Perhaps one of the main reasons that people do eat out for lunch is that they don’t want to take the time to make lunch every day.  This is a poor excuse.  Most alternatives don’t take much time to prepare, and packing leftovers takes virtually none.

If you must eat out for lunch, definitely set limits.  Once a week is plenty.  Consider cutting down on this number gradually while getting used to making lunches for yourself.  It really isn’t that bad, and it’s an easy step to padding your wallet.

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Photo by: I Love Egg

How Much Do You ‘Live It Up’ With Spending on Vacations?

beachAs a follow up on my post last week about spending while vacationing in Spain, I wanted to reflect a bit more on how I spend money on vacations, especially big trips to places like Europe.

The quote that I’ve heard before and always think about when I’m on a trip is “You’re on vacation, so it’s okay to splurge.”  To some extent I would agree.  Yes, I am on vacation in an exotic location.  There are lots of special things to do and they cost money and can’t be done anywhere else.  If you have a full-time job, your vacation time, no matter where it’s spent, is limited, too.  Still, I think there’s a lot to be said for what you can get out of a trip without spending a lot.  Here’s what I will and won’t spend money on.

What I will spend on:

Trying new foods I can’t back home.  Obviously, paella was at the top of my list for Spain, and I was excited to try it.  I also enjoyed eating tortilla, bread with tomato, and other seafood.  The wine was great, too.

Museums and historic sites.  Some things you just can’t see elsewhere, like Velazquez’s Las Meninas or Gaudi’s Sagrada Famila.  These are truly extraordinary sites to check out, and I wouldn’t miss them.  Admission is usually affordable, so there’s really not much to debate here.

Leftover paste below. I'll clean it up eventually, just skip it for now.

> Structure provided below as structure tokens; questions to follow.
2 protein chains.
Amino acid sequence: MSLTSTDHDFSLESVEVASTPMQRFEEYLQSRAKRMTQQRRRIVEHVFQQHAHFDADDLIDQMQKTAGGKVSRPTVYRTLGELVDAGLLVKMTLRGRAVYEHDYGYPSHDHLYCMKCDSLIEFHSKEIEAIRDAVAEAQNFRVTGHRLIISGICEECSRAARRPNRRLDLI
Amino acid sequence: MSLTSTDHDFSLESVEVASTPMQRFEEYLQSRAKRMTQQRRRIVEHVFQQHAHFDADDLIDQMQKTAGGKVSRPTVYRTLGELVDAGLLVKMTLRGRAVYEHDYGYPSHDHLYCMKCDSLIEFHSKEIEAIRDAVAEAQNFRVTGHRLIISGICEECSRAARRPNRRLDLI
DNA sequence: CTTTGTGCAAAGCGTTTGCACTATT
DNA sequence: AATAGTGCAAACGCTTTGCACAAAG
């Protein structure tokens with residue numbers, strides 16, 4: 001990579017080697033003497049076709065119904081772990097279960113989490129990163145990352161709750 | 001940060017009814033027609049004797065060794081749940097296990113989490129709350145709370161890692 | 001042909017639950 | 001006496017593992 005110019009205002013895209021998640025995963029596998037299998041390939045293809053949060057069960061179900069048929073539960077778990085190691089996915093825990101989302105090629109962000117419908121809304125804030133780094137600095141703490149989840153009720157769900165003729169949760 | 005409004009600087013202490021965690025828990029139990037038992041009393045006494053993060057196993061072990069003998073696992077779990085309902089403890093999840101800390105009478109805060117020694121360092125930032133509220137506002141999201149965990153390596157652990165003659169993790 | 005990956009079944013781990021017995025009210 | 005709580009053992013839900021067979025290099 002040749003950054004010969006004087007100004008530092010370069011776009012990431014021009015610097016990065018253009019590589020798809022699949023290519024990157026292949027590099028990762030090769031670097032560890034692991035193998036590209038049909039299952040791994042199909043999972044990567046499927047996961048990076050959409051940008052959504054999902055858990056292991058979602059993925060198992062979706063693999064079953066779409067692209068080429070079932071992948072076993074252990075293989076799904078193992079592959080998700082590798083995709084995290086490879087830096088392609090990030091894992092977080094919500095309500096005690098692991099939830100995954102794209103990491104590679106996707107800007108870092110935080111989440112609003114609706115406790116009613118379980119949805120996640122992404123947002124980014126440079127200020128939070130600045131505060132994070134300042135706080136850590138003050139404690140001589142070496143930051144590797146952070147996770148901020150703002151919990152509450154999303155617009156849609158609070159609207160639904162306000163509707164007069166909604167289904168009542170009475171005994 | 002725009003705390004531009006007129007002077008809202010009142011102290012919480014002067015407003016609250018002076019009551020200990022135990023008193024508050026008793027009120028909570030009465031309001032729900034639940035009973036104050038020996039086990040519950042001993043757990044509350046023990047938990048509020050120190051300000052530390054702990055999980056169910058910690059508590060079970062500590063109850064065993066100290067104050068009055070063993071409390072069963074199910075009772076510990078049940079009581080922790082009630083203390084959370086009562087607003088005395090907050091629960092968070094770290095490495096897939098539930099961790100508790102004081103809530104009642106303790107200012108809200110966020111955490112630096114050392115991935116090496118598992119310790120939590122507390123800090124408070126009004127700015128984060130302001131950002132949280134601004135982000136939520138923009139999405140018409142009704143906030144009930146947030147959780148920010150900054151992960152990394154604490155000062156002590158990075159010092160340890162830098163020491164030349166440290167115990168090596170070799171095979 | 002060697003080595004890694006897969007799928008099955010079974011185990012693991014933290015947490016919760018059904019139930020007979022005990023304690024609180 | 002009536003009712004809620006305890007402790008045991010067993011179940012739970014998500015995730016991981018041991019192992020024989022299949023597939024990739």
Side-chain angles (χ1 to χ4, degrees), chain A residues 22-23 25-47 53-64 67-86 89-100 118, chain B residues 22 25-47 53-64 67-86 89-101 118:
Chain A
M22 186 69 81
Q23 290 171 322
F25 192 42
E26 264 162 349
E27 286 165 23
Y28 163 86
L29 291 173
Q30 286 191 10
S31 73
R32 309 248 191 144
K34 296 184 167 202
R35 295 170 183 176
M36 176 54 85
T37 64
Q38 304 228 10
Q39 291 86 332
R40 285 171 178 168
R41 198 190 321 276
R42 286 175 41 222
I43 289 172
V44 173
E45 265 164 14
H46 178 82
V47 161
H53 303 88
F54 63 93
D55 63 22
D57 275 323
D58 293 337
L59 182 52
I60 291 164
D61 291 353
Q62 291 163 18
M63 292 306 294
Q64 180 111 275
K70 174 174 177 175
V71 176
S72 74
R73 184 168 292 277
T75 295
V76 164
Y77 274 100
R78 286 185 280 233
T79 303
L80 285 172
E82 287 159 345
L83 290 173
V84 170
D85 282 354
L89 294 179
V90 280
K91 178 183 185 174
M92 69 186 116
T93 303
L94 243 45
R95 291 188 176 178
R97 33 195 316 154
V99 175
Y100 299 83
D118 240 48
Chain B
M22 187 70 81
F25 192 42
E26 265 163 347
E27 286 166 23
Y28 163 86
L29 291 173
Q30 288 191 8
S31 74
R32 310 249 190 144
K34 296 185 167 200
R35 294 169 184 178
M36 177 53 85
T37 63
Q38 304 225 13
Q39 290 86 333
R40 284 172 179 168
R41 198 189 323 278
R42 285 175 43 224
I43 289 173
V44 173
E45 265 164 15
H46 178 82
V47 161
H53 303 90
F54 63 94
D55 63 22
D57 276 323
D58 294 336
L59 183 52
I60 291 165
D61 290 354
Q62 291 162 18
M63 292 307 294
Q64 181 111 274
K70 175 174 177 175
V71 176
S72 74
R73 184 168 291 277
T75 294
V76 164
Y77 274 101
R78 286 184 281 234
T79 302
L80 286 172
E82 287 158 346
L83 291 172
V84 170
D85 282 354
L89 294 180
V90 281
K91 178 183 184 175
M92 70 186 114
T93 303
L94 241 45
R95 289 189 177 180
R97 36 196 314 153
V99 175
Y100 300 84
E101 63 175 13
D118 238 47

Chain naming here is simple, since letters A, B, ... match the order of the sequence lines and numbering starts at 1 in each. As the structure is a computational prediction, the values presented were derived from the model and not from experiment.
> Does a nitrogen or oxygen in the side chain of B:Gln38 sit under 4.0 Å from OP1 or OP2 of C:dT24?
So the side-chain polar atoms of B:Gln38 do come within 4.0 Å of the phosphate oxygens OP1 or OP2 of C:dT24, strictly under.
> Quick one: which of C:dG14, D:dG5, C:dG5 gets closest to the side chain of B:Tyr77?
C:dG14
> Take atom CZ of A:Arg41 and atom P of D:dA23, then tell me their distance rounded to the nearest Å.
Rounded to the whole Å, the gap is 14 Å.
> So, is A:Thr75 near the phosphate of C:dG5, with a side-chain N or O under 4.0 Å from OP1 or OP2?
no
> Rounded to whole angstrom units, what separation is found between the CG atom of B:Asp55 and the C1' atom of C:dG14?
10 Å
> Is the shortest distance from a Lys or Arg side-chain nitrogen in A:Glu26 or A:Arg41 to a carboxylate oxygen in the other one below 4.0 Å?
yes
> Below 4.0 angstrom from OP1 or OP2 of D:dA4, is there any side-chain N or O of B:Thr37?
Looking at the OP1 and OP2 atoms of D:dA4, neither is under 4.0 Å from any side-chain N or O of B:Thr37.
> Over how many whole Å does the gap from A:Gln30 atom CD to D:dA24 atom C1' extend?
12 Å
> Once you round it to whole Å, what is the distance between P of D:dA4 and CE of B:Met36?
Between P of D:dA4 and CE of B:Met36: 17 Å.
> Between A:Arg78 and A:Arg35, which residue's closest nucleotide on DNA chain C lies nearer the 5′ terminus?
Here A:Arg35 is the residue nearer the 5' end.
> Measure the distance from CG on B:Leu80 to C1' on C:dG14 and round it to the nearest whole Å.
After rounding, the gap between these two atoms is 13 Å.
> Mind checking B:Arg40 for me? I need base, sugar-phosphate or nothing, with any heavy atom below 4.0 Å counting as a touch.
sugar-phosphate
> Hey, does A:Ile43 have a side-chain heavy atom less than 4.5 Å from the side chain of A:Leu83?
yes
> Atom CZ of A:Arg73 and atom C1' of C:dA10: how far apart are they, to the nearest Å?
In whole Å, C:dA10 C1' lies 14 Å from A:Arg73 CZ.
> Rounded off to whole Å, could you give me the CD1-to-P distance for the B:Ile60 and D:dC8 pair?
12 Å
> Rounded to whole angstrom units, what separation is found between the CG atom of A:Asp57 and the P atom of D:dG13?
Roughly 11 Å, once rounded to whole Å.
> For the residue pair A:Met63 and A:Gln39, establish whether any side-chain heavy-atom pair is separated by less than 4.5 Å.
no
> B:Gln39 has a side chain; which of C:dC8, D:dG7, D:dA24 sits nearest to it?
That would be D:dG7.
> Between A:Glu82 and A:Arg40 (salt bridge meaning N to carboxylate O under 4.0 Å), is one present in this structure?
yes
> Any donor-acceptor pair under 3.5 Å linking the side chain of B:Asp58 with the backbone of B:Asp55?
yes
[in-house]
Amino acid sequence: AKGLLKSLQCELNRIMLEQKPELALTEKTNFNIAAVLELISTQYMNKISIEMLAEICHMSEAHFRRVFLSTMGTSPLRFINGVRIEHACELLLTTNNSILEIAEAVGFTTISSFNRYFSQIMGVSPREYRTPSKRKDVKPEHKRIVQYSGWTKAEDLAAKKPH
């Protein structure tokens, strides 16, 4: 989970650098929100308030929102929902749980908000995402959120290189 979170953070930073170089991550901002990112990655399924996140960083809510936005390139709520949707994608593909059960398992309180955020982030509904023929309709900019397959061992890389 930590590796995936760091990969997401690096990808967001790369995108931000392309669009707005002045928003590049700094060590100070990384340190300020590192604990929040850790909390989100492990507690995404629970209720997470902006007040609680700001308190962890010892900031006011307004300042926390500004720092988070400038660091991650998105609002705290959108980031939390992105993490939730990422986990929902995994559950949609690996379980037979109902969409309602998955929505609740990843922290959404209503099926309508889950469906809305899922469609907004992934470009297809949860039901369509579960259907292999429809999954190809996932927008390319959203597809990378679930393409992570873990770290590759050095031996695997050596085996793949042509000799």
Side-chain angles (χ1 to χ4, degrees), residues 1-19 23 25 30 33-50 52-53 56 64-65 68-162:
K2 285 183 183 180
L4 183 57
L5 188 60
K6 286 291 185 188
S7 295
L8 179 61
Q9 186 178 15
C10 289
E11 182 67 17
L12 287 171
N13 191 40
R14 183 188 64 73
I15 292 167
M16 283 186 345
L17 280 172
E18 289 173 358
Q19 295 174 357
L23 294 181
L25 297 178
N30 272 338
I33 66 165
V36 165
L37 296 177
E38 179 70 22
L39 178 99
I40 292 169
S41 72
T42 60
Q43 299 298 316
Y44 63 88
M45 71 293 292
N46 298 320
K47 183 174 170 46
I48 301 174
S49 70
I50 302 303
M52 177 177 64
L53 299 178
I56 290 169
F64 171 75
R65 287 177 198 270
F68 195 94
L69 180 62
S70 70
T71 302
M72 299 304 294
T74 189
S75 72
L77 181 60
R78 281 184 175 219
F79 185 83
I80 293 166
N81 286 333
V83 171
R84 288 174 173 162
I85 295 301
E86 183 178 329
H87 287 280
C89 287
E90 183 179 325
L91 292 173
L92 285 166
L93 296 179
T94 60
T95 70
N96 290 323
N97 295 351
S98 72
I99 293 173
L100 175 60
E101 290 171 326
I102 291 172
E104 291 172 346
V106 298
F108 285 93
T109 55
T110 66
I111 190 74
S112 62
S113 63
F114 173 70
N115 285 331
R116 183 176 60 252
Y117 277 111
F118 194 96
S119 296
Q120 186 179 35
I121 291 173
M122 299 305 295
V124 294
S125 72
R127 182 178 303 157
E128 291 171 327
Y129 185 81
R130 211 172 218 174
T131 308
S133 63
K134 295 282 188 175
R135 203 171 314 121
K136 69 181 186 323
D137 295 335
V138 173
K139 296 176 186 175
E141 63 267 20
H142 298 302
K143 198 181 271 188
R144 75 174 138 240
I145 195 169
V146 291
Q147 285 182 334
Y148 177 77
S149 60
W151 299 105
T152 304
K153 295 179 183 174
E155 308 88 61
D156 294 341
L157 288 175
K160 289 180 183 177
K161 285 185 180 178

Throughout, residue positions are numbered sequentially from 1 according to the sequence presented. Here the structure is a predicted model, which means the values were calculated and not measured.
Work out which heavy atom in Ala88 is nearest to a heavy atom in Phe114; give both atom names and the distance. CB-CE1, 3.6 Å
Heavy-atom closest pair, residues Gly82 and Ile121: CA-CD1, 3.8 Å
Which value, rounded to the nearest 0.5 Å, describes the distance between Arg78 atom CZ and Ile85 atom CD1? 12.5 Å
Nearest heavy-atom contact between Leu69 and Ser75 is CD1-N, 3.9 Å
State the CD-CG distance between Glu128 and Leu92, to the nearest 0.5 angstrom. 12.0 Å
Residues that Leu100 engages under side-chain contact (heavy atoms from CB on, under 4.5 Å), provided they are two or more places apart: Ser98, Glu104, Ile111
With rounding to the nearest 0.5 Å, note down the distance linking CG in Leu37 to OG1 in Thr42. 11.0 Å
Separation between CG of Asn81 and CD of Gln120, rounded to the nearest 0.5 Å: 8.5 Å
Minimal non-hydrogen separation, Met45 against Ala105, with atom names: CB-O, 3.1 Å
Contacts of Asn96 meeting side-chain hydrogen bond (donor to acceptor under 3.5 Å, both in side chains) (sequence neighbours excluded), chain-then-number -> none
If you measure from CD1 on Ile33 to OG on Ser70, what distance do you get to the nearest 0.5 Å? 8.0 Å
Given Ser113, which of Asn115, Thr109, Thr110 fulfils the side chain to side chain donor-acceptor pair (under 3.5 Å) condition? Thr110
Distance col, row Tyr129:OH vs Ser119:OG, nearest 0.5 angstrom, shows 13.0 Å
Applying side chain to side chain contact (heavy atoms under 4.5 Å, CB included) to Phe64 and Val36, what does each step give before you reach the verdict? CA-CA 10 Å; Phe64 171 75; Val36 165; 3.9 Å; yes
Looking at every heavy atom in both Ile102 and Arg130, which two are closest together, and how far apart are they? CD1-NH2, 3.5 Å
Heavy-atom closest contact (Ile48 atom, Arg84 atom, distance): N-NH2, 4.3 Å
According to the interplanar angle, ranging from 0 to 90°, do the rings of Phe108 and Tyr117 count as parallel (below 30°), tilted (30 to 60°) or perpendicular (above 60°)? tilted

Transportation that’s convenient.  In Spain, we flew from Barcelona to Madrid and then took the high-speed train from Madrid to Sevilla.  These were probably not the cheapest ways to get around, but they were fast. We simply didn’t have a lot of time in Spain, so it wasn’t worth it to try to save a few bucks but lose a lot of time to sight-see.

Just about anything that a local would do.  I’m always really curious what people do for fun in the places that I visit.  If it’s something that is off the beaten path of tourists, that definitely gets me interested.

What’s not worth my money:

Expensive hotels. To me, if you’ve planned your trip right, you’ll be at your hotel (or hostel) as little as possible.  More than likely, you’ve already spent hundreds or thousands on airfare.  Why tack on hundreds more simply for a fancy bed to sleep on?

Lame, tourist-trap attractions.  No, I’m not gonna cruise around on a boat or ride the hop-on, hop-off bus.

Mediocre food. It’s one thing to seek out good places to eat for a nice dinner.  But when you’re hungry, it’s easy to pick any restaurant that’s around.  This usually results in less-than-stellar quality food, and it might not be a bargain either.

Most souvenirs.  I’m happy to send postcards or buy something else small to remember the trip by (my girlfriend bought a scarf for less than $10).  But Barcelona t-shirts are totally out.  There’s a lot of knick-knacks that are cheaply made that I don’t know what to do with once I get home.  If I want to remember a trip, photos are by far the best way to do this.

Anything else that’s marked up in price for tourists.  This can encompass a lot of things.  But, generally, if you’re hanging out in touristy areas (i.e. Times Square), prices will be higher while quality may actually be lower.  I try to avoid these areas, but often there are things worth seeing nearby.

Doing anything that I could back home.  Please don’t try to take me to an Chinese restaurant in Spain. There’s plenty of those in New Haven (and I don’t like them here, either).

Overall, I’d much rather extend the length of my trip, if at all possible, rather than pay for anything on the “not worth it” list.

What’s your vacationing style? Do you try to get the most for your money? Or do you prefer to live it up, no matter what your vacation destination?

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photo by: www.jordiarmengol.net (Xip)